Ricci v. DeStefano

June 30, 2009

In a decision that could have far-reaching implications for employers and the labor force nationwide, yesterday the U.S. Supreme Court voted 5-4 in favor of the firefighter plaintiffs in the case Ricci v. DeStefano.

In Ricci, 20 white firefighters and one Hispanic firefighter sued the city of New Haven, Connecticut, for throwing out the results of a 2003 promotional exam for which they received passing test scores. Since only one Hispanic and not a single African American firefighter received qualifying scores, New Haven feared the test had a disparate impact on minority applicants — which in the city’s estimation would have resulted in a violation of Title VII of the 1964 Civil Rights Act — and thus decided to withhold offering promotions. The suing firefighters, in turn, argued that their Title VII rights protecting them against employment discrimination had been violated by the city’s decision.

District Judge Janet Bond Arterton dismissed the firefighters’ suit before it went to trial, ruling the decision to discard the test results was justified under the law. The case then went before a panel of judges on the U.S. Court of Appeals for the 2nd Circuit, which unanimously affirmed the lower court’s decision. The case proceeded to be heard by the full 2nd Circuit, which upheld the panel’s ruling in a 7-6 decision. An appeal was then made to the Supreme Court.

In March, AAUW joined the National Women’s Law Center, in conjunction with the National Partnership for Women and Families, in signing an amicus brief in support of the defendants prior to the oral arguments before the Supreme Court. The brief AAUW signed was in support of the city of New Haven’s position that if the court were to rule in favor of the petitioners, it could severely chill efforts by employers to comply with Title VII and eliminate sex-based barriers in employment. Unfortunately, the court ruled in favor of the petitioners.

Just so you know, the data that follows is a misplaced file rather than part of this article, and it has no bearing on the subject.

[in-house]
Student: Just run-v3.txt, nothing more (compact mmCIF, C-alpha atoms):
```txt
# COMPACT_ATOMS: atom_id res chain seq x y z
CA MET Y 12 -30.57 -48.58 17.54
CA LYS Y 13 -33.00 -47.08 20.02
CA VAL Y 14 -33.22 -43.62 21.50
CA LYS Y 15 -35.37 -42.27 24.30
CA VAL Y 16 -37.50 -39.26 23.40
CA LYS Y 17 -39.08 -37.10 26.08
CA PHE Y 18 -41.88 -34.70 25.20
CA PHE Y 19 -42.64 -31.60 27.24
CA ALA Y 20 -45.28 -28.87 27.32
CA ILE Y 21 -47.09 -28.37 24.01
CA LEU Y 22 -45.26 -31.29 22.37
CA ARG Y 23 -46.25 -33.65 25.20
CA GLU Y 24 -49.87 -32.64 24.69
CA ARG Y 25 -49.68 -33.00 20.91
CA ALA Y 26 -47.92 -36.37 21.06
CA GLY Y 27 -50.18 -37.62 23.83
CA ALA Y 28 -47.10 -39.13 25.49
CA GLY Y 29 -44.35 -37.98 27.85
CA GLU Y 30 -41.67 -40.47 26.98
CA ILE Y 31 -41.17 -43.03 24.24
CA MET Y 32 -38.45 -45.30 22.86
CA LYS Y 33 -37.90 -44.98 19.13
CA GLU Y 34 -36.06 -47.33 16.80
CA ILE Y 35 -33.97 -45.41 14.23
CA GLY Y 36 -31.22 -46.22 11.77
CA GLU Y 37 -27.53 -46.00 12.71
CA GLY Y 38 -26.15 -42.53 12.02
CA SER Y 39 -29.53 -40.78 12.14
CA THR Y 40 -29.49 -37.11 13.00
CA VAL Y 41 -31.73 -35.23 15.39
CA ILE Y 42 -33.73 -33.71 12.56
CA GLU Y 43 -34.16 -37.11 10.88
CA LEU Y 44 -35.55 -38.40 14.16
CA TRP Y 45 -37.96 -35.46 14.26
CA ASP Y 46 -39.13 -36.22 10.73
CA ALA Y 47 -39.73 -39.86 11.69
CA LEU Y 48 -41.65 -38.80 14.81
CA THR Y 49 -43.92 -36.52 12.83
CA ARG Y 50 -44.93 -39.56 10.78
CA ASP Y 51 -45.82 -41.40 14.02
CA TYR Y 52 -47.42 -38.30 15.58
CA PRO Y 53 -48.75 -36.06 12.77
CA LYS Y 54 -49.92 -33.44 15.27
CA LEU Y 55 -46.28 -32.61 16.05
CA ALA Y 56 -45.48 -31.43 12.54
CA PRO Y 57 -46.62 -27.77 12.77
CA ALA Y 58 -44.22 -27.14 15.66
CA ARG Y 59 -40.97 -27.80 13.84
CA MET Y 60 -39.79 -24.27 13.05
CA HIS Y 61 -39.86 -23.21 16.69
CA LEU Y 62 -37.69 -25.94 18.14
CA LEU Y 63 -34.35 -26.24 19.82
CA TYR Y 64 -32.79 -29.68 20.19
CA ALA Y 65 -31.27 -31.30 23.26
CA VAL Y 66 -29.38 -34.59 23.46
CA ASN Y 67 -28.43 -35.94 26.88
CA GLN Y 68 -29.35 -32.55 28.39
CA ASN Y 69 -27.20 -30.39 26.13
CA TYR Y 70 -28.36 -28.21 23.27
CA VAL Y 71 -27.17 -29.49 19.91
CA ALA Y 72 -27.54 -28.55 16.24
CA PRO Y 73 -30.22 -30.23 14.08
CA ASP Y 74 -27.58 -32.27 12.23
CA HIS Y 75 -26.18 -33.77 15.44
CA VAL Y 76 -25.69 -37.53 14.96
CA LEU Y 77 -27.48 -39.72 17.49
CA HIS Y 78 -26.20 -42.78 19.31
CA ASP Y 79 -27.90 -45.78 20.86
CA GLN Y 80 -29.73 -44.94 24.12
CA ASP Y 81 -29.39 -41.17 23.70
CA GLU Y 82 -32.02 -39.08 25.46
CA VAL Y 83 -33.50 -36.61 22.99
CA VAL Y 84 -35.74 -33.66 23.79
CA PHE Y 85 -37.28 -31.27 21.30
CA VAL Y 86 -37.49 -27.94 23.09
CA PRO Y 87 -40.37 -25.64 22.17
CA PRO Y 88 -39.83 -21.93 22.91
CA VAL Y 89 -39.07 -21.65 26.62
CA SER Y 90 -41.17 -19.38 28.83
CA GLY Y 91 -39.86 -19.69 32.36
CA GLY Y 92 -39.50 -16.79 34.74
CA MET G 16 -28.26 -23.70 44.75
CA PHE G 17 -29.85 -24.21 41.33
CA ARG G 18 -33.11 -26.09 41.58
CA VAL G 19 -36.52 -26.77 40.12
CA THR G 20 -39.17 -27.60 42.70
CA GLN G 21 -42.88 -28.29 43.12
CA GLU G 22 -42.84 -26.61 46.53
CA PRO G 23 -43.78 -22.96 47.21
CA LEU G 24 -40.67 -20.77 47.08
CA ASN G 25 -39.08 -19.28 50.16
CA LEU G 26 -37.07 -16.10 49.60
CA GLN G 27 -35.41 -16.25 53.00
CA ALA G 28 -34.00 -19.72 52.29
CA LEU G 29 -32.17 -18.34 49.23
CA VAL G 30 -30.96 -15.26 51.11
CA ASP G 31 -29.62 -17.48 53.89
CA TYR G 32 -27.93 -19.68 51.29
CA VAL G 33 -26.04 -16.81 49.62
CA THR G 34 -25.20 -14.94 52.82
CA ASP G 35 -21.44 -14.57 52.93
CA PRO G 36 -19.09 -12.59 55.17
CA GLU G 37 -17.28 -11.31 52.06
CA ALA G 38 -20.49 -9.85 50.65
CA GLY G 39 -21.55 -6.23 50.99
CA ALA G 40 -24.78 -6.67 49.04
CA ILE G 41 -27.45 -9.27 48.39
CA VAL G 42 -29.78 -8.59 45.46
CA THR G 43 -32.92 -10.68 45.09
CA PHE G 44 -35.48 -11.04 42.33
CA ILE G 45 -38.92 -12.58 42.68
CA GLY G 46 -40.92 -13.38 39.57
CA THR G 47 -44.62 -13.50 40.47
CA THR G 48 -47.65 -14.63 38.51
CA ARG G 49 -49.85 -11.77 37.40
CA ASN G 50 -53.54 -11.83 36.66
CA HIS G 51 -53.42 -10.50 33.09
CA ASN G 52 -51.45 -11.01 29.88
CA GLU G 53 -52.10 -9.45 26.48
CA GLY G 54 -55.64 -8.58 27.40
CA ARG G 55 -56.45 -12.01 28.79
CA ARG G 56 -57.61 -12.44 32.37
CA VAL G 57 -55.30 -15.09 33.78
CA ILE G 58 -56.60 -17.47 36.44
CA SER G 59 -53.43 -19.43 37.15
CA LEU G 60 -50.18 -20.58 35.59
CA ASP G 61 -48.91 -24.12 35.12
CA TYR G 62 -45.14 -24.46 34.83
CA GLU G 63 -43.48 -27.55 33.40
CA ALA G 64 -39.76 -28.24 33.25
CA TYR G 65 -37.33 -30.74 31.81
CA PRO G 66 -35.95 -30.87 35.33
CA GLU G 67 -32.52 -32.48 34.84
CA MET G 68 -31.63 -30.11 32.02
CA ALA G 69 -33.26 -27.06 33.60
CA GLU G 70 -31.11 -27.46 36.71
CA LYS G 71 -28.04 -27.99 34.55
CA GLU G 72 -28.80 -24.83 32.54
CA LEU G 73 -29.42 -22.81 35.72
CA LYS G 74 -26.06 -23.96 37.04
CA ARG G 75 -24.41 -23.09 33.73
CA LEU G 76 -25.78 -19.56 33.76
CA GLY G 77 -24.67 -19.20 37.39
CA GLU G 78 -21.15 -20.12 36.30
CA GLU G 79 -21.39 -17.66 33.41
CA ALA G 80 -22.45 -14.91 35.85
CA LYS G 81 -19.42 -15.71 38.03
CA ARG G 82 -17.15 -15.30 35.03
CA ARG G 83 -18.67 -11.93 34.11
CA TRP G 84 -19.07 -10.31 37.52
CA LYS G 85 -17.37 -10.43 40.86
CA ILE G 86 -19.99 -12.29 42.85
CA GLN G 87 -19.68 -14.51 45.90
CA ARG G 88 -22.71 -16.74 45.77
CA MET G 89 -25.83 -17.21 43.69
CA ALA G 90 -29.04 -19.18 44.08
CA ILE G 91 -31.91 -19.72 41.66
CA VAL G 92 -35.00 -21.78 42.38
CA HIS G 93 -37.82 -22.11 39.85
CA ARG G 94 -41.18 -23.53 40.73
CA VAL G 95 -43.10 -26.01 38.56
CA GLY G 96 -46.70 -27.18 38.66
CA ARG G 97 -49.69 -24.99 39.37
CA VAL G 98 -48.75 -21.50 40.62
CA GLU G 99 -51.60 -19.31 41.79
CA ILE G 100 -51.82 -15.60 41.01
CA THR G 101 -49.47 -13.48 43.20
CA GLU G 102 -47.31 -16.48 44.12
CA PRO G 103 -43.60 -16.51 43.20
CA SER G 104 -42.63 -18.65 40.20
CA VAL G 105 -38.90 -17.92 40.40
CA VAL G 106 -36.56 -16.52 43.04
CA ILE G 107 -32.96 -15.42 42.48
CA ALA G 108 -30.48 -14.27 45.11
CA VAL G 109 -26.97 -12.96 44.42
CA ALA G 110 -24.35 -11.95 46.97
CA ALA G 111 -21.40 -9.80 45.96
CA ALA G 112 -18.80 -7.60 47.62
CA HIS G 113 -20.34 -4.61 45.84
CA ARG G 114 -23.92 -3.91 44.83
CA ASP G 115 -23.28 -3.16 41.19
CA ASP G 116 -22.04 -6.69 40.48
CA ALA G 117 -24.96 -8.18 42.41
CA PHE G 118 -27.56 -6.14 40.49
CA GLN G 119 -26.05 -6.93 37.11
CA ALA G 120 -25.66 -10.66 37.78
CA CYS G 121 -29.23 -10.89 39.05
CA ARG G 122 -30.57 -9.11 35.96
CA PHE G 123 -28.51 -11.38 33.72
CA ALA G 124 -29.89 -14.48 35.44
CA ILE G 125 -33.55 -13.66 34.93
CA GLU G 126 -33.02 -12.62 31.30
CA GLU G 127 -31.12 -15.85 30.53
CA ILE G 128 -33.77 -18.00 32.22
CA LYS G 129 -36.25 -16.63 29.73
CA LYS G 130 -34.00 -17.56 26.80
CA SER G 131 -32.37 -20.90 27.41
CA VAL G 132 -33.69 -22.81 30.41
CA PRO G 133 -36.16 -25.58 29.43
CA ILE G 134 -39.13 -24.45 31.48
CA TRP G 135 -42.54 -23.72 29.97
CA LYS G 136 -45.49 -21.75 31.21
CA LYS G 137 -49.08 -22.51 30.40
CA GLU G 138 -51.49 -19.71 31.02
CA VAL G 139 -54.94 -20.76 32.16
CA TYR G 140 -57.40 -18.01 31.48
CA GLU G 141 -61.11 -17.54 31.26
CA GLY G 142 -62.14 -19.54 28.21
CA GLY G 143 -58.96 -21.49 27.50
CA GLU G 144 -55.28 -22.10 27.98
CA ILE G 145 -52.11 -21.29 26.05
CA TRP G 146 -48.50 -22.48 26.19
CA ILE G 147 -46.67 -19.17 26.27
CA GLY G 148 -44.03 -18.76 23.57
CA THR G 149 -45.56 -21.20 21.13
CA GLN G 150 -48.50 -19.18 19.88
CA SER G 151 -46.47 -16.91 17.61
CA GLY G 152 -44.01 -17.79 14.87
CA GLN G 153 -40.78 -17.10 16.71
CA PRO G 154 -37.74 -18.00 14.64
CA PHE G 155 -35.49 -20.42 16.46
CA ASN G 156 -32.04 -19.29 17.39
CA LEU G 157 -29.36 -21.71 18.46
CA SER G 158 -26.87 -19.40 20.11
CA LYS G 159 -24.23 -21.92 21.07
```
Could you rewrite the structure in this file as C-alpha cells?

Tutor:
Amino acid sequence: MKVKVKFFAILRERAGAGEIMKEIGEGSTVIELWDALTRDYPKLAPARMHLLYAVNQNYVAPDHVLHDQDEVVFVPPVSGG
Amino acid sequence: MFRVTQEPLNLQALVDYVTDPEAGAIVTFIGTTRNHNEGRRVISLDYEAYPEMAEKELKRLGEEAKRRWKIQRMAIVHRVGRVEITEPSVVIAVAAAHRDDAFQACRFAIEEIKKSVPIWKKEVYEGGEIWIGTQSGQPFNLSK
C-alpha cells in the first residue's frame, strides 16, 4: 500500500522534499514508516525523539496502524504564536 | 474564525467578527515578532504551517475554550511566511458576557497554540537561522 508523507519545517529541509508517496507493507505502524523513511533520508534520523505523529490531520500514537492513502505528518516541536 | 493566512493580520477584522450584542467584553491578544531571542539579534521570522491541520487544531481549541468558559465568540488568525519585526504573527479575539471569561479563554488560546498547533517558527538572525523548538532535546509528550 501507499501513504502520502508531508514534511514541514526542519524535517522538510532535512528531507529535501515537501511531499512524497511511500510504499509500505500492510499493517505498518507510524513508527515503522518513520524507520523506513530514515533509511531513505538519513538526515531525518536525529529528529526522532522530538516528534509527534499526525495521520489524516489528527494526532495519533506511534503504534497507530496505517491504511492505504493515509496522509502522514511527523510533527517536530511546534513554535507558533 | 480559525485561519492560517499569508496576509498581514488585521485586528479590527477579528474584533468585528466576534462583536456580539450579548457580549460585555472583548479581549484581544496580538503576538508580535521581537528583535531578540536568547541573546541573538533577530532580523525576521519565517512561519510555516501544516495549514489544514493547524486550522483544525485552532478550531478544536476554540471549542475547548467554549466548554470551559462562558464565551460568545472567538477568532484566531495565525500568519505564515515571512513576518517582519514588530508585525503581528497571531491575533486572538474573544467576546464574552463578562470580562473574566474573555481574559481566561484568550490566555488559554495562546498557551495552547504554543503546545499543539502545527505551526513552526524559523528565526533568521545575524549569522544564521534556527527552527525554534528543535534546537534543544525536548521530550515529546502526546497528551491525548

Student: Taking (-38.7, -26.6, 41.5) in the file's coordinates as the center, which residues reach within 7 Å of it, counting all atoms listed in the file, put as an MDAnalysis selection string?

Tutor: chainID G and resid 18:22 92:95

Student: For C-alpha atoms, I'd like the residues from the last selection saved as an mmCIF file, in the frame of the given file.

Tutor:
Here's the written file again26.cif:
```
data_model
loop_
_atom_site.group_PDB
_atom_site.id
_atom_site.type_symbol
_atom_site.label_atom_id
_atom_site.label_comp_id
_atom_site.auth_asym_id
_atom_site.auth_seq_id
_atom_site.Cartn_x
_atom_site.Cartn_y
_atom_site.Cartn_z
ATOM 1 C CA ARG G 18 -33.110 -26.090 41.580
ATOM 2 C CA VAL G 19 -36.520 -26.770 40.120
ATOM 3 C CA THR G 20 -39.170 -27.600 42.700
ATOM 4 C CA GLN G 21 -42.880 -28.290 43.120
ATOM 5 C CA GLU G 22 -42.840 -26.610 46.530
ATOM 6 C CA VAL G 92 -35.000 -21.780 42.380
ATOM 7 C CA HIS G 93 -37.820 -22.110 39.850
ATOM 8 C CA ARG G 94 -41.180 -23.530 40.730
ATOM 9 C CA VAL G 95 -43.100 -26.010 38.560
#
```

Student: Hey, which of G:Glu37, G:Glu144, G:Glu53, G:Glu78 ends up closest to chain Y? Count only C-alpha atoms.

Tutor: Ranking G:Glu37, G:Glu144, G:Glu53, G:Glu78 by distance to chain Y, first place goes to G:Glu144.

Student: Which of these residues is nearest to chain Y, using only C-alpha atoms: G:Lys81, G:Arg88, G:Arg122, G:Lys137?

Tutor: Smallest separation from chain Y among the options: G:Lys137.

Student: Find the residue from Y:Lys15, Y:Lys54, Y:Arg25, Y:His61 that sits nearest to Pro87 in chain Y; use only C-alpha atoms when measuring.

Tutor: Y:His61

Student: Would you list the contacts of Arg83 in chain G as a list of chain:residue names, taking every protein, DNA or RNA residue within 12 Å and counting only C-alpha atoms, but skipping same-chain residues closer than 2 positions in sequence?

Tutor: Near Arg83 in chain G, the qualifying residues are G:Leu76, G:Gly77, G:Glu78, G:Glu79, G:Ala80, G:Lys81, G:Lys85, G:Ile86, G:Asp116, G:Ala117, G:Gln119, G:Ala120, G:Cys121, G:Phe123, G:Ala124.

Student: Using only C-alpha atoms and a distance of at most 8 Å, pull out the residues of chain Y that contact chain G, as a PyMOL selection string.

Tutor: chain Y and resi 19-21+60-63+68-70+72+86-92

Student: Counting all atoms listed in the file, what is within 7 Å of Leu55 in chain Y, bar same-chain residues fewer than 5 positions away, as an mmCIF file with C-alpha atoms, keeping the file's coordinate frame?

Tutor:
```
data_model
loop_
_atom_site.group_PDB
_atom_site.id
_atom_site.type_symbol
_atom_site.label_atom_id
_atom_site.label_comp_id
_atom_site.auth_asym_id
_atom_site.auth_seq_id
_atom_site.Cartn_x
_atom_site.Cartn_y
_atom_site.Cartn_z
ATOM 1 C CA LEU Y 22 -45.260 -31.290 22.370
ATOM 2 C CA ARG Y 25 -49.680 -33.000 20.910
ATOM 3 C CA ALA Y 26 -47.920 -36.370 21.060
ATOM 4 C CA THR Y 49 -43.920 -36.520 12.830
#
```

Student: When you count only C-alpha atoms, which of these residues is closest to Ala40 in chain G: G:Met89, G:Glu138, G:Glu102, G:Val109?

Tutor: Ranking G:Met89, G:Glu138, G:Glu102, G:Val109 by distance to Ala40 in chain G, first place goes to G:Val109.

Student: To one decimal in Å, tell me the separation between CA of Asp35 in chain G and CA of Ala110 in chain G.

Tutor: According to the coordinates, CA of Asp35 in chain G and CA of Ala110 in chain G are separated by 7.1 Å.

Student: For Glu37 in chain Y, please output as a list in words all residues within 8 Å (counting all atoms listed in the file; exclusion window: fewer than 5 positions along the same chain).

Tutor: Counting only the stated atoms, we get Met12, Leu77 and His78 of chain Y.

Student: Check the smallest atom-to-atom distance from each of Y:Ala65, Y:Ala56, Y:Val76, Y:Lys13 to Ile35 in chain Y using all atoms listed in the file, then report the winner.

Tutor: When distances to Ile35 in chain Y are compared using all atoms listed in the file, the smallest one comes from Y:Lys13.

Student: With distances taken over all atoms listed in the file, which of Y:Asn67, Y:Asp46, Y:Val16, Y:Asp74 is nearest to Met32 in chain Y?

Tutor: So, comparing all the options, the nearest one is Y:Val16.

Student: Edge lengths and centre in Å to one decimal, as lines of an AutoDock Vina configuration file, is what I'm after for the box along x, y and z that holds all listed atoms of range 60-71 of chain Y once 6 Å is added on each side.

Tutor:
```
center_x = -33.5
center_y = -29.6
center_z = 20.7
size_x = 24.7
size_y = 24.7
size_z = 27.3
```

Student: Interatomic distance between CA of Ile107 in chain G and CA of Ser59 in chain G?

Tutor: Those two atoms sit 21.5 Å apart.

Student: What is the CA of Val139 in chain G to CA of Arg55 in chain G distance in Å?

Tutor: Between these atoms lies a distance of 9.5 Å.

Justice Anthony Kennedy, who wrote the majority opinion, was joined by Justices Samuel Alito, Antonin Scalia, Clarence Thomas, and Chief Justice John Roberts in ruling that New Haven violated Title VII. “The city rejected the test results because too many whites and not enough minorities would be promoted,” Kennedy wrote. “Without some other justification, this express, race-based decision-making violates Title VII’s command that employers cannot take adverse employment actions because of an individual’s race.”

Justices Ruth Bader Ginsburg, Stephen Breyer, David Souter, and John Paul Stevens dissented. Justice Ginsburg wrote the minority opinion decrying the decision, in which she argued that the city of New Haven acted appropriately toward the goal of eliminating all race- and sex-based barriers in the workplace, considering that persons of color comprise 60 percent of New Haven’s population and there is a history of race discrimination in the firefighting department in that city.

The law still requires employers to avoid policies that are discriminatory in practice, and we hope that despite this ruling, employers will try to make sure they are providing equal opportunity in the workplace for their employees.

This blog post was co-authored by Adam Zimmerman, AAUW regulatory affairs manager.

By:   |   June 30, 2009

4 Comments

  1. edie says: